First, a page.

Written by Ramesh Nair (1982)
1977 was probably a memorable year in many ways – the Janata Party swept to power in India, Morarji Desai declared urine therapy was good for you in more ways than others, Gawaskar and Vishwanath were the king's of Indian cricket, the 'Kissa Kursi Ka' case embroiled Sanjay Gandhi, 'The Rajan Case' was a sensational event (he was a REC Calicut student who disappeared after the police got hold of him) and Yes – I joined Lovedale on February 13th.
The 1st week in school was important as one made important choices about the arts and chose between band, indian music, sculpture, art, carpentry, weaving etc (ABMDP) and considering my not so agile mind- I followed in the footsteps of my brother and chose weaving.
There were a few of us from 7B who took weaving – Muthu for sure but the others fail me right now. Muthu was a talented weaver who would have made the carpet weavers from Iran proud but in this case, the only thing that mattered to the honorable Mr Dhanagopal was the ability to keep the shuttle going back and forth between the warps. Nothing could have been more disappointing to him than dropping the shuttle on the floor while concentrating on using the foot treadles (1-2, 1-3, 2-4….) and the rhythmic pull on the handle that sent the shuttle like a guided missile but in this case creating a towel or a serviette and not destroying the target.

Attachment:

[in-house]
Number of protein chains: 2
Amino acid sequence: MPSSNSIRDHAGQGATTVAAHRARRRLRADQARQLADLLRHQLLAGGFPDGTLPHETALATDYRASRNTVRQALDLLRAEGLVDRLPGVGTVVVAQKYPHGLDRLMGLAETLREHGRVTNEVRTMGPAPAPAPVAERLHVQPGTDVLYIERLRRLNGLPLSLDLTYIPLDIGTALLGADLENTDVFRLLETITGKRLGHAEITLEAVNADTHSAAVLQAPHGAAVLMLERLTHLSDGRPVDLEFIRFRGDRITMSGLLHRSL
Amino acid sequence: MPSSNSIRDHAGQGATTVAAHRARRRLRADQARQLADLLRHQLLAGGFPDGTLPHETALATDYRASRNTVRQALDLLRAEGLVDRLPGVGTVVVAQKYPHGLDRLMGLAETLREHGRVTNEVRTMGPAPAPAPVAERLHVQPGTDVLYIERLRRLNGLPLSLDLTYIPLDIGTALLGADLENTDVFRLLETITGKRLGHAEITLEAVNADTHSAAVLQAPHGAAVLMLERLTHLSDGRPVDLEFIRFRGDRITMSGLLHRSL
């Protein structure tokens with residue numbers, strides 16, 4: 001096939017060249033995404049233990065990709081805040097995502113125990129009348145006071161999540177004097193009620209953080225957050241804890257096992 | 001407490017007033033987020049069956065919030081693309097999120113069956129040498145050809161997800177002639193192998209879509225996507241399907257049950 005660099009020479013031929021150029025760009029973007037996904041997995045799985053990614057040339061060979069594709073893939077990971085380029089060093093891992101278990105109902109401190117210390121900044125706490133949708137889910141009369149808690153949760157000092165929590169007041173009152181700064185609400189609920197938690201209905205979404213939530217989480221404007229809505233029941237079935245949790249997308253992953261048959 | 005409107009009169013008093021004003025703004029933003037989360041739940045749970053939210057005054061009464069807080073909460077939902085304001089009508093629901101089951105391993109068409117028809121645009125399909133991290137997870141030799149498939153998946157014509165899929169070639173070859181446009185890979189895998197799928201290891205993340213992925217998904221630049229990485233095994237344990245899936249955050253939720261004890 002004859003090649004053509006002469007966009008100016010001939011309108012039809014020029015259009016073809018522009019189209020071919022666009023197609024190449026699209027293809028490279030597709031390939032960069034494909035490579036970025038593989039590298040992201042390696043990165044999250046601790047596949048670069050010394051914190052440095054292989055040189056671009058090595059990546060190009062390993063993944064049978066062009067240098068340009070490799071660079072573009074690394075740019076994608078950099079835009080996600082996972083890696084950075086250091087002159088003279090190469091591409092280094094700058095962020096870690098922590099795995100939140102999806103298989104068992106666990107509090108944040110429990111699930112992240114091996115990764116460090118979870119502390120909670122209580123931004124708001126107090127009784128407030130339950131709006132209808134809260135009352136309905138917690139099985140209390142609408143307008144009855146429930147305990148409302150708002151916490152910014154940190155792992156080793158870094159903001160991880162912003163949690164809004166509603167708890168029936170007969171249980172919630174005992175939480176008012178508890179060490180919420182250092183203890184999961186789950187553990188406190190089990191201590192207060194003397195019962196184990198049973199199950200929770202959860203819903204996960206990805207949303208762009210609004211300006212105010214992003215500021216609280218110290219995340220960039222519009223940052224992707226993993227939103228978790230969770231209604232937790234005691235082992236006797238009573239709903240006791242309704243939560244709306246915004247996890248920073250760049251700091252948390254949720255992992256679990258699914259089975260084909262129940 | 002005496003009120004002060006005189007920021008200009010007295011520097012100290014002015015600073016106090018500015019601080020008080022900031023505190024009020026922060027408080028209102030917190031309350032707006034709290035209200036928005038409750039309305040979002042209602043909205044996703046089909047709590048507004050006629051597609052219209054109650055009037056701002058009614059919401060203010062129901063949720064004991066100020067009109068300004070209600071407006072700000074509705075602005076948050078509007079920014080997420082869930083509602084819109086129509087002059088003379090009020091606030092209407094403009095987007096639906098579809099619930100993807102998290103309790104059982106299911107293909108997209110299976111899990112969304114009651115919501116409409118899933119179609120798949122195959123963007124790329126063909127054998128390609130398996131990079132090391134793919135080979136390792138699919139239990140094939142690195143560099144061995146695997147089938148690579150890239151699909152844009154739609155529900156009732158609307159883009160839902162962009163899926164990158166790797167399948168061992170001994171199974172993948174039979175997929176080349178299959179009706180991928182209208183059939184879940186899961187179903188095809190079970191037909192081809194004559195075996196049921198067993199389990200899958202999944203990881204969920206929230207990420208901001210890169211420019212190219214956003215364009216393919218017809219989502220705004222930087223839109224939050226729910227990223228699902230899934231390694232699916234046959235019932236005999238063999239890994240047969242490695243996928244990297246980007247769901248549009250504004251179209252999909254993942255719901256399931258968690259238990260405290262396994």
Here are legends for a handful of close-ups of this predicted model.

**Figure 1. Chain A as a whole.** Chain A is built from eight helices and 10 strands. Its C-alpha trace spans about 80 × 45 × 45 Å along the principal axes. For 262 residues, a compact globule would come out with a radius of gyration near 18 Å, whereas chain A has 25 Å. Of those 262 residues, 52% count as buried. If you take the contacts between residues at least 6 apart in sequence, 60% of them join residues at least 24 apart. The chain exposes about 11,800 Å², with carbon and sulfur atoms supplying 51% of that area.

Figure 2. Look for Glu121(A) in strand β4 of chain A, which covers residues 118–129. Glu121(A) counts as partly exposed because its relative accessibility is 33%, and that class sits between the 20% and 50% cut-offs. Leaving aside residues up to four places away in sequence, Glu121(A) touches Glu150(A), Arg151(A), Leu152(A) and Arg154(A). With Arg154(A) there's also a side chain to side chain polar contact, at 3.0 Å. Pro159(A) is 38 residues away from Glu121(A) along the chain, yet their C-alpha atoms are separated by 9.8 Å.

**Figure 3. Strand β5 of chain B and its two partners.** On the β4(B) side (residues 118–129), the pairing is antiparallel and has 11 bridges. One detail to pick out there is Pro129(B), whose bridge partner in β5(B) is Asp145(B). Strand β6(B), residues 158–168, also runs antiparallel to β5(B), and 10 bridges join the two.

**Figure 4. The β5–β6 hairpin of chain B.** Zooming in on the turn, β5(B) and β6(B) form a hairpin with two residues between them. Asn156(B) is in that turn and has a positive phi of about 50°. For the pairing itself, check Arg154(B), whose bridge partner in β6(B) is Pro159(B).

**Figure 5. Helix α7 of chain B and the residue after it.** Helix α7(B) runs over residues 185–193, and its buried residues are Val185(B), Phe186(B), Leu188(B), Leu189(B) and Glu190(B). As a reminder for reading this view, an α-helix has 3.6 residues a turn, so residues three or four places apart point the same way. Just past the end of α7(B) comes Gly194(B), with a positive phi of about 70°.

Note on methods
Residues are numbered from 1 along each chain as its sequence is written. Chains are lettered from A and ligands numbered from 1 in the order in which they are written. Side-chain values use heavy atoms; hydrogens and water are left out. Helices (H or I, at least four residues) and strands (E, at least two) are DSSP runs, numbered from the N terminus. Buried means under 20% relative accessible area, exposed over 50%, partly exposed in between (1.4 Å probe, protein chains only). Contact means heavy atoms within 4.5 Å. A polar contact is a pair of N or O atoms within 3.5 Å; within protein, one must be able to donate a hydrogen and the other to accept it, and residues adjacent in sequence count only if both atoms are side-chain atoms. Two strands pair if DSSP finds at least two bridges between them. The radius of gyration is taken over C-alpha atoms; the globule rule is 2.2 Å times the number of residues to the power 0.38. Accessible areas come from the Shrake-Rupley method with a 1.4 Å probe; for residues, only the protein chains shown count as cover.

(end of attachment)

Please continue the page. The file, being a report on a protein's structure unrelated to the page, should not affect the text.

Alternately, one could be assigned to hold yarn placed between one's outstretched arms while the thread was spun into balls of thread and then onto a spindle. The net result of this weaving exercise was the creation of serviettes, towels, and finally in 8th grade with the introduction of the punch card weaving machine – bed covers.
To be engrossed in one's work year after year in that musty and damp room (we had to take our shoes off) might have seemed like a chore to us, but it was a man's calling and he was Mr Dhanagopal. His day of glory was once a year during the exhibition that accompanied Founders – parents gladly bought their children's products and 'Dhana' as he was fondly called, should have been proud that his products were useful to society.
Thank you for knocking me on my head when I dropped the shuttle, it hurt at that time but reminded me that with a little more effort even I could churn out towels and other useful products.
In Peace, Mr. Dhanagopal.